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NOW on PBS - At the same time the Bush administration is probing into your private life, it is shielding itself from all public scrutiny. It has shredded the Freedom of Information Act; it has locked away presidential records not only of the current administration but of administrations going all the way back to Reagan as well; and it has even locked up George W. Bush's gubernatorial records so that the people of Texas can't see what he did to them while serving as their governor.

Not surprisingly, the Bush administration is also using anti-terror legislation and executive orders to protect its corporate sponsors from scrutiny and from prosecution. The drug company Eli Lilly, for instance, was recently granted immunity from all cases brought against it--even those initiated long before the war on terrorism--related to a vaccine it manufactured that turned out to cause autism in many children. (Eli Lilly contributed over $3 million in the last two election campaigns.) The Bush administration also protected the Bayer Corporation1s patent on the antibiotic Cipro throughout the anthrax scare, whereas other countries, such as Canada, broke that patent so that other companies could make cheaper versions of the drug in case of emergency.

It is interesting to note that during WWII Bayer was part of the I.G. Farben conglomerate, the top financial contributor to the Nazi Party. I.G. Farben produced petrol and rubber for the Nazi war machine and it manufactured the Zyklon B gas that was used to exterminate millions of Jews and other "enemies of the state." In exchange for these services, the Nazis provided Farben (and Bayer) with lucrative government contracts and with slave labor from concentration camps.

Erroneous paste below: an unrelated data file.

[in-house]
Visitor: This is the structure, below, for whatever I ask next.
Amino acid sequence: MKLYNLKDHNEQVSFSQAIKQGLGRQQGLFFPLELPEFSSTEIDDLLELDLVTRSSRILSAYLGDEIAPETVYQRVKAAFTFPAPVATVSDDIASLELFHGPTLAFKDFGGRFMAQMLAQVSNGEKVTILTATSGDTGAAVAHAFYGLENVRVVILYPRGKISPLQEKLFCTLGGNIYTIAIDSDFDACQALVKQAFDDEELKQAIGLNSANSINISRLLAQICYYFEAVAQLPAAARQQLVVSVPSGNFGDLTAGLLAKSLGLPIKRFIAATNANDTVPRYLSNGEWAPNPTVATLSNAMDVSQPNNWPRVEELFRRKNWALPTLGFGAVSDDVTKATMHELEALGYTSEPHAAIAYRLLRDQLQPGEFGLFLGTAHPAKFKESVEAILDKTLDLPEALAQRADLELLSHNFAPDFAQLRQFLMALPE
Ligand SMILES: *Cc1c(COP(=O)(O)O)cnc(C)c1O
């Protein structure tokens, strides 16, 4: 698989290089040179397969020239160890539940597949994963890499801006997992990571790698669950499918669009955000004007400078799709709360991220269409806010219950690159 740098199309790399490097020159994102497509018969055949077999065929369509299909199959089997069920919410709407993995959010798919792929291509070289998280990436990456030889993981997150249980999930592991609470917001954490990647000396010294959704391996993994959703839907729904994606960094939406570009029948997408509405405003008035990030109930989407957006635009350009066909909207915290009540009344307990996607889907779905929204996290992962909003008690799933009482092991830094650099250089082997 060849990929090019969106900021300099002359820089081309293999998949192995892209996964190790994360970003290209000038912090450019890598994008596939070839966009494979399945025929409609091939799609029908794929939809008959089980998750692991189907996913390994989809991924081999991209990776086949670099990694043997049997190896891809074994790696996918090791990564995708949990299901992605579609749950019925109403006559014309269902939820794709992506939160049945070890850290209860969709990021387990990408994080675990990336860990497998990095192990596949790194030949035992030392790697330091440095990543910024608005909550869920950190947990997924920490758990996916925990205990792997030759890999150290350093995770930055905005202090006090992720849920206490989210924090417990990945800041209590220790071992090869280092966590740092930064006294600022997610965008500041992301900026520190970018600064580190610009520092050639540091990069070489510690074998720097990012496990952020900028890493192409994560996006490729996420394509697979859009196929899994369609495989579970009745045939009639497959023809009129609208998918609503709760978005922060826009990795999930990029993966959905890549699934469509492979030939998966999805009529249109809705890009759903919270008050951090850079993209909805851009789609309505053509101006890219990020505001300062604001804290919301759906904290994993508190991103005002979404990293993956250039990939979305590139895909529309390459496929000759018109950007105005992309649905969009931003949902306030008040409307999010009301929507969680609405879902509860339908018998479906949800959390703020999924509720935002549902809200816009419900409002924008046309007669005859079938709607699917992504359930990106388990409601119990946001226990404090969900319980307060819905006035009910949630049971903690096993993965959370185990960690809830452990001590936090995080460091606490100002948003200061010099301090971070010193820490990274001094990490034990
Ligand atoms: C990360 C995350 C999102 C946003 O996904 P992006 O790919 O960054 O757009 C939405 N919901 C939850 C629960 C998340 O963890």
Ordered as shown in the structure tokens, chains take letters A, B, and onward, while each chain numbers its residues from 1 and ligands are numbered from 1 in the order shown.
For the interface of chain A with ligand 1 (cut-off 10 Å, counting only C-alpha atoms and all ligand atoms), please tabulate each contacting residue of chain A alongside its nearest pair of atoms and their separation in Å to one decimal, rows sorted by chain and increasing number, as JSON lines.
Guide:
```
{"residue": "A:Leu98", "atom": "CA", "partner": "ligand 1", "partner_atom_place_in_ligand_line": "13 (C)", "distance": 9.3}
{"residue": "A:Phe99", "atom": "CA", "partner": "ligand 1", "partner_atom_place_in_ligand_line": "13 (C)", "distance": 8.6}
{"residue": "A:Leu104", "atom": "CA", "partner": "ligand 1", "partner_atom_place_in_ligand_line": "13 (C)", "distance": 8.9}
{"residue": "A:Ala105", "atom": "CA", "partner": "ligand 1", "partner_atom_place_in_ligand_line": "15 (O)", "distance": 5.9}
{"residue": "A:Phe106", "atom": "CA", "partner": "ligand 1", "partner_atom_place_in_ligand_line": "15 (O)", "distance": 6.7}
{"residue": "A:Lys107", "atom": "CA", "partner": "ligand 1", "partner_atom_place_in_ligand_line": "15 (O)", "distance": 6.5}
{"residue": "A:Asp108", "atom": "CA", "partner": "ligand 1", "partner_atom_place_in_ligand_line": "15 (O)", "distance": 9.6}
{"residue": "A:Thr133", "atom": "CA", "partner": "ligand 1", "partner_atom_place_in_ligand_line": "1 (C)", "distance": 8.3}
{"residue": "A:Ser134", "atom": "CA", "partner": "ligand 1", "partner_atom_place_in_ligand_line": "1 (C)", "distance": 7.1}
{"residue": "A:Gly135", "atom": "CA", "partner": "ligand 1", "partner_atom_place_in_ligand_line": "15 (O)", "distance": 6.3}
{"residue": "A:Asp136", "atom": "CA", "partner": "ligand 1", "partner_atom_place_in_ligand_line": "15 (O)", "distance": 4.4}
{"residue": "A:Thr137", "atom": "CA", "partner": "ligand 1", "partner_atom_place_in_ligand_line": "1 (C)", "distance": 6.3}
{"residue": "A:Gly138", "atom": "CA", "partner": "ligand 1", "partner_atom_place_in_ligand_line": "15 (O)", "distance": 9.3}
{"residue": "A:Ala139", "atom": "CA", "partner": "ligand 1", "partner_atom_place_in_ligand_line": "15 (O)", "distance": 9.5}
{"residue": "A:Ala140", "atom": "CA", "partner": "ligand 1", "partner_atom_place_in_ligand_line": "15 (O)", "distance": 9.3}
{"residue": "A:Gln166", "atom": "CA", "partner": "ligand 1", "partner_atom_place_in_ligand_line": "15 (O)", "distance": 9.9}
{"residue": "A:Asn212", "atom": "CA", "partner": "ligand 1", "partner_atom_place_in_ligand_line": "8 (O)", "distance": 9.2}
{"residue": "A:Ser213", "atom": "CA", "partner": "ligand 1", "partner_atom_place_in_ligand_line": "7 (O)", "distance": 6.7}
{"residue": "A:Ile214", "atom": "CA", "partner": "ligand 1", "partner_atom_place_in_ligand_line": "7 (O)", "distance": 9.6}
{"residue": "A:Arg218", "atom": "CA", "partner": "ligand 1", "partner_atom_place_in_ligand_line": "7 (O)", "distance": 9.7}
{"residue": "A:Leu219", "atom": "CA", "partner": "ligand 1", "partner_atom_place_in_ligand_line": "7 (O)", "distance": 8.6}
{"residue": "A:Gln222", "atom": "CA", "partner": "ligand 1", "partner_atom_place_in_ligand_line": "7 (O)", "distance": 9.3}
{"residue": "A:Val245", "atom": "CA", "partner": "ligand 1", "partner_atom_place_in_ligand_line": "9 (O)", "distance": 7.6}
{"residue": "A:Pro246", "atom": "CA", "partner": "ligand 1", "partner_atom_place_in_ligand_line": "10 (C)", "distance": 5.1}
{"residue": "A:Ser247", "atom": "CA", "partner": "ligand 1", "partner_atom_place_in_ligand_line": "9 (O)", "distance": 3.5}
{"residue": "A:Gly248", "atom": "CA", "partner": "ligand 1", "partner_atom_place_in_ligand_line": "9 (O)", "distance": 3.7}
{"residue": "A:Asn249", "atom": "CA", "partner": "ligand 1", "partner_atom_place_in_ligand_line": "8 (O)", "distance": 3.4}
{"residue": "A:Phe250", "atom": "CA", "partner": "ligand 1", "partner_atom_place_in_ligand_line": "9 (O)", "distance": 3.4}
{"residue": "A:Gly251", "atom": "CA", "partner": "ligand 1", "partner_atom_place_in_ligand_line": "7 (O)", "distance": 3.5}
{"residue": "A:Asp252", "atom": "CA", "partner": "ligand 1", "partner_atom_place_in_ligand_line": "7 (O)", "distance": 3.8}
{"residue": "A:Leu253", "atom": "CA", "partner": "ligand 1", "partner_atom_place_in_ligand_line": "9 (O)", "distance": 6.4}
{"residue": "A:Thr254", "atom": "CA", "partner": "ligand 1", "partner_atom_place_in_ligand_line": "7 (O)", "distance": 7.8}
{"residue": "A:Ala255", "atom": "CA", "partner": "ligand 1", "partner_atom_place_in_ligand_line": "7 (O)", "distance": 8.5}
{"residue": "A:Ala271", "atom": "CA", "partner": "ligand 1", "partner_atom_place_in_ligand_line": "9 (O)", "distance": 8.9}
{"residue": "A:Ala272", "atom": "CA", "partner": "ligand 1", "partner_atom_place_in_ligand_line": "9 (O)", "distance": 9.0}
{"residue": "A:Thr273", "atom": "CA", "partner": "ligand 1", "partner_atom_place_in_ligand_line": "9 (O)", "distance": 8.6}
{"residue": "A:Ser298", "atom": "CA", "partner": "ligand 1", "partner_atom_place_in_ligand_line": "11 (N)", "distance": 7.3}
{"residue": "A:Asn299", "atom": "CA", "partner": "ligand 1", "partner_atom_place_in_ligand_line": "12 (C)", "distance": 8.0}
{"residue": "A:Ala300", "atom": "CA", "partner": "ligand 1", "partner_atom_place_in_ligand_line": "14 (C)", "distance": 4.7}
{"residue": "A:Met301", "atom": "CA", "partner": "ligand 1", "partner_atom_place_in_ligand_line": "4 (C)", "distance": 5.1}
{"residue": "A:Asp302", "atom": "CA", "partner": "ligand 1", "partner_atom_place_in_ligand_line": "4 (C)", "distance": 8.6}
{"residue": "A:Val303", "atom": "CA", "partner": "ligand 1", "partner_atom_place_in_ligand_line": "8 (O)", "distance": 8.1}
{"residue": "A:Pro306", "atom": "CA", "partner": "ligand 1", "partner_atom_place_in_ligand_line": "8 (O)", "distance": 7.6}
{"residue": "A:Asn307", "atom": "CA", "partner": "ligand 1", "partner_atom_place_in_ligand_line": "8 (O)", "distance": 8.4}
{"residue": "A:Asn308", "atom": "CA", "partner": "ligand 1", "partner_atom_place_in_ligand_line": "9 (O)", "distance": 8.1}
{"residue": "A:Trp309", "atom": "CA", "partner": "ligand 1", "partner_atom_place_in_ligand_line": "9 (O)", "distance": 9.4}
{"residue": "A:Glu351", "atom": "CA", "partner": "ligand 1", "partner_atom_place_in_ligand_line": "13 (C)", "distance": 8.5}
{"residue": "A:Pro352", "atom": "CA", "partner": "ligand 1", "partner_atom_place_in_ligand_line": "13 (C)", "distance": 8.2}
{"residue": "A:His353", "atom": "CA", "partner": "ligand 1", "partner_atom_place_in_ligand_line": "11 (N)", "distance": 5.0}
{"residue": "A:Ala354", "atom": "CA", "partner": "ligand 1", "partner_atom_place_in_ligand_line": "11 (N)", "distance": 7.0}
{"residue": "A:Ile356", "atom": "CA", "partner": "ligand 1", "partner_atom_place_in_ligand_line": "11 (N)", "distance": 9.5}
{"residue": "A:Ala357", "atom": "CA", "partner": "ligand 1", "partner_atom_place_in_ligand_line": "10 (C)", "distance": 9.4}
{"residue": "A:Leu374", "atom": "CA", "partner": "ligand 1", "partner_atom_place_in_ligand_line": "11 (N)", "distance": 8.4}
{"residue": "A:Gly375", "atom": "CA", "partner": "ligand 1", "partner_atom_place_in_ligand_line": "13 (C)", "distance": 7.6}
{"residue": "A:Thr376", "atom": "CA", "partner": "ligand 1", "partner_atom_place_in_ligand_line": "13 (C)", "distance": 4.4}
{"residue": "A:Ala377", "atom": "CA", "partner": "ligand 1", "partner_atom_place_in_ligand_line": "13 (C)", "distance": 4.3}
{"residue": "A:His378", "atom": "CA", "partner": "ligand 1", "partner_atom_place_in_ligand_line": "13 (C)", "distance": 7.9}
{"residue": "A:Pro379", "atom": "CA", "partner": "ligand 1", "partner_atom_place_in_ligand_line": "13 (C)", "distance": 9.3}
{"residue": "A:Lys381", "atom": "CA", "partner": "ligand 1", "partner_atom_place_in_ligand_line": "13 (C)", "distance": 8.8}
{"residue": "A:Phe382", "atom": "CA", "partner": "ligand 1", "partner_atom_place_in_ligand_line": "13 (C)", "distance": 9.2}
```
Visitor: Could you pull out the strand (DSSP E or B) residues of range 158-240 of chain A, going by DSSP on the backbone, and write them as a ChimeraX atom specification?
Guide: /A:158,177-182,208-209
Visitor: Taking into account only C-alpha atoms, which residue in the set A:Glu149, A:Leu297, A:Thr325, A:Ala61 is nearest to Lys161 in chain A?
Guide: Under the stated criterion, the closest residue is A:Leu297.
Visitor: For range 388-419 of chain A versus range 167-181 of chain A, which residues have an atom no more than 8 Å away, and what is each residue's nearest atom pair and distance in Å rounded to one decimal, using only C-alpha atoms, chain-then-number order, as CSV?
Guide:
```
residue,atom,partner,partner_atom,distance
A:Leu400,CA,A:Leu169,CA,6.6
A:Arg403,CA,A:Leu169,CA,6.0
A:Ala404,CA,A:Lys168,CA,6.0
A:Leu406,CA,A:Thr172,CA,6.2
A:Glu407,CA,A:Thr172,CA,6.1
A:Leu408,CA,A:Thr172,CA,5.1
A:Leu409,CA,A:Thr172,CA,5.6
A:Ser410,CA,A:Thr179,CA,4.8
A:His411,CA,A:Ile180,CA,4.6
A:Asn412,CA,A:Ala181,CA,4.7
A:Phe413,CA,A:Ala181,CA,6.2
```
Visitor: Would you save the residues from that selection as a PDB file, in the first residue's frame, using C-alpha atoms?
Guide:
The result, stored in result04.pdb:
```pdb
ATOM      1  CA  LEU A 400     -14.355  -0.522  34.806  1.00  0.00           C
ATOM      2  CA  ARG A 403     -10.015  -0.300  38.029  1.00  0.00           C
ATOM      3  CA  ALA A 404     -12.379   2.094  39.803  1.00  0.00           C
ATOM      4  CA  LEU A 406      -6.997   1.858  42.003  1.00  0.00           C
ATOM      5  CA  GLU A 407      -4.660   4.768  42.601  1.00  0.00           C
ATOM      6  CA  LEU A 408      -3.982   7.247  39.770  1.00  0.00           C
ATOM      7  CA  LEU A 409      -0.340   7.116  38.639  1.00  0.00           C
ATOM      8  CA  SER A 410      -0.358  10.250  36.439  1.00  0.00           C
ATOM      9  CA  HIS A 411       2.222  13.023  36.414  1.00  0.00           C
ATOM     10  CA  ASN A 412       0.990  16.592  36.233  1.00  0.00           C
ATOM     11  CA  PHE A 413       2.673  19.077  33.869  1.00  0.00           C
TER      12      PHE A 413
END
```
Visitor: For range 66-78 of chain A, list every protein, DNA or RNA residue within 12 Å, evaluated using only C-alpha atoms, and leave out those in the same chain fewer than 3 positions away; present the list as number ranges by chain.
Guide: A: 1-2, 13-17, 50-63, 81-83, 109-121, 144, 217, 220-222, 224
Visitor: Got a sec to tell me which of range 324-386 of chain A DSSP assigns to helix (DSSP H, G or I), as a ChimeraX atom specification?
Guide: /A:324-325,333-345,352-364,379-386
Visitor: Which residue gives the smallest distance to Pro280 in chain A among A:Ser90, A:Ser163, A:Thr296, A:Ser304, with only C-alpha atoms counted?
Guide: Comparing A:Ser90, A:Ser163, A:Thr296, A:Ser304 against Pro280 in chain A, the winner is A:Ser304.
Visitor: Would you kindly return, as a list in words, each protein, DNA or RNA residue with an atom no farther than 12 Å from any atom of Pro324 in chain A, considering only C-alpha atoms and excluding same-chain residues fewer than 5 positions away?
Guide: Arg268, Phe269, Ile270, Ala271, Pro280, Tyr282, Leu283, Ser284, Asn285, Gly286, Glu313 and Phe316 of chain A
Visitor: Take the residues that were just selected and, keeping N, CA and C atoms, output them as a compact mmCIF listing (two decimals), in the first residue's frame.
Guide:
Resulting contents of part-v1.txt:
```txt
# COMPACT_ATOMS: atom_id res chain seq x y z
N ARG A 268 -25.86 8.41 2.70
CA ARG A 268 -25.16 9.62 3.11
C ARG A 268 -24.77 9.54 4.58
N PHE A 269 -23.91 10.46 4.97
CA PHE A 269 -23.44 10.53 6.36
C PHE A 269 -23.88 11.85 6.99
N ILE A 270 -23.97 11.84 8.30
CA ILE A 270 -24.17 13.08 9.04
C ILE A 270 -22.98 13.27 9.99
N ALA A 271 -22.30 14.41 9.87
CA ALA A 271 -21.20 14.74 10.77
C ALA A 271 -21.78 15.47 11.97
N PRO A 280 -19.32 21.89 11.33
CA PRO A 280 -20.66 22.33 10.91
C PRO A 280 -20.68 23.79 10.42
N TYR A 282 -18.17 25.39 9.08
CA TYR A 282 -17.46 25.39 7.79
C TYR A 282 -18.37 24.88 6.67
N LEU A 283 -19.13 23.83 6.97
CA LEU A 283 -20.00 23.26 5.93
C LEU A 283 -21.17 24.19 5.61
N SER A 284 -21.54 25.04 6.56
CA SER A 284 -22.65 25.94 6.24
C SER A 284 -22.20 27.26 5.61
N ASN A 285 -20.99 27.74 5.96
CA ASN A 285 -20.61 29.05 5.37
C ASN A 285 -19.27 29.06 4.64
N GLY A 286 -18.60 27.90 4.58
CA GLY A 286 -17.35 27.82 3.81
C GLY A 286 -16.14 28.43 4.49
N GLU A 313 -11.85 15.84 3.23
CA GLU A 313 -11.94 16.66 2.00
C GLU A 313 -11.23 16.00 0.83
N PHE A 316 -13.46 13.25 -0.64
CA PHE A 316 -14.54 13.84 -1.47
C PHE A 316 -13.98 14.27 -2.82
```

Under George W. Bush's kinder, gentler fascism, U.S. corporations are now allowed to do business with the Homeland Security Department even if they cheat the government out of vast amounts of tax revenues by setting up offshore business fronts in the Caribbean Islands. It used to be that tax-evaders were tracked down and punished. Now they're rewarded with fat government contracts. Could the slave labor be far behind?

If only this were the extent of the Bush administration's ramble down the road to fascism. Way back in November of 2001, William Safire accused the Bush administration of "seizing dictatorial power." Well, Mr. Safire, you ain't seen nothing yet. Just when you thought it couldn't get any worse, just when you thought we can't lose any more of our liberties and still call ourselves a "free society," we learn that the Bush administration wants to take away even more of our rights. A secret document was just leaked out of John Ashcroft's Justice Department and turned over to the Center for Public Integrity. Titled the Domestic Security Enhancement Act of 2003, this document turns out to be a draft of new anti-terrorism legislation, a vastly more muscular sequel to Patriot Act. If passed, it would grant the executive branch sweeping new powers of domestic surveillance, and it would eliminate most of the few remaining checks and balances that protect us from tyranny.

It's the Patriot Act on steroids. Charles Lewis of the Center for Public Integrity shared this document with Bill Moyers, who examined it on NOW, his weekly PBS program. That episode aired Friday, February 7, yet even now no mainstream news broadcaster has picked up this incredible story. Read the NOW transcript and see the document itself online at http://www.pbs.org/now/. You can also read the Center for Public Integrity's analysis of the document at http://www.publicintegrity.org/.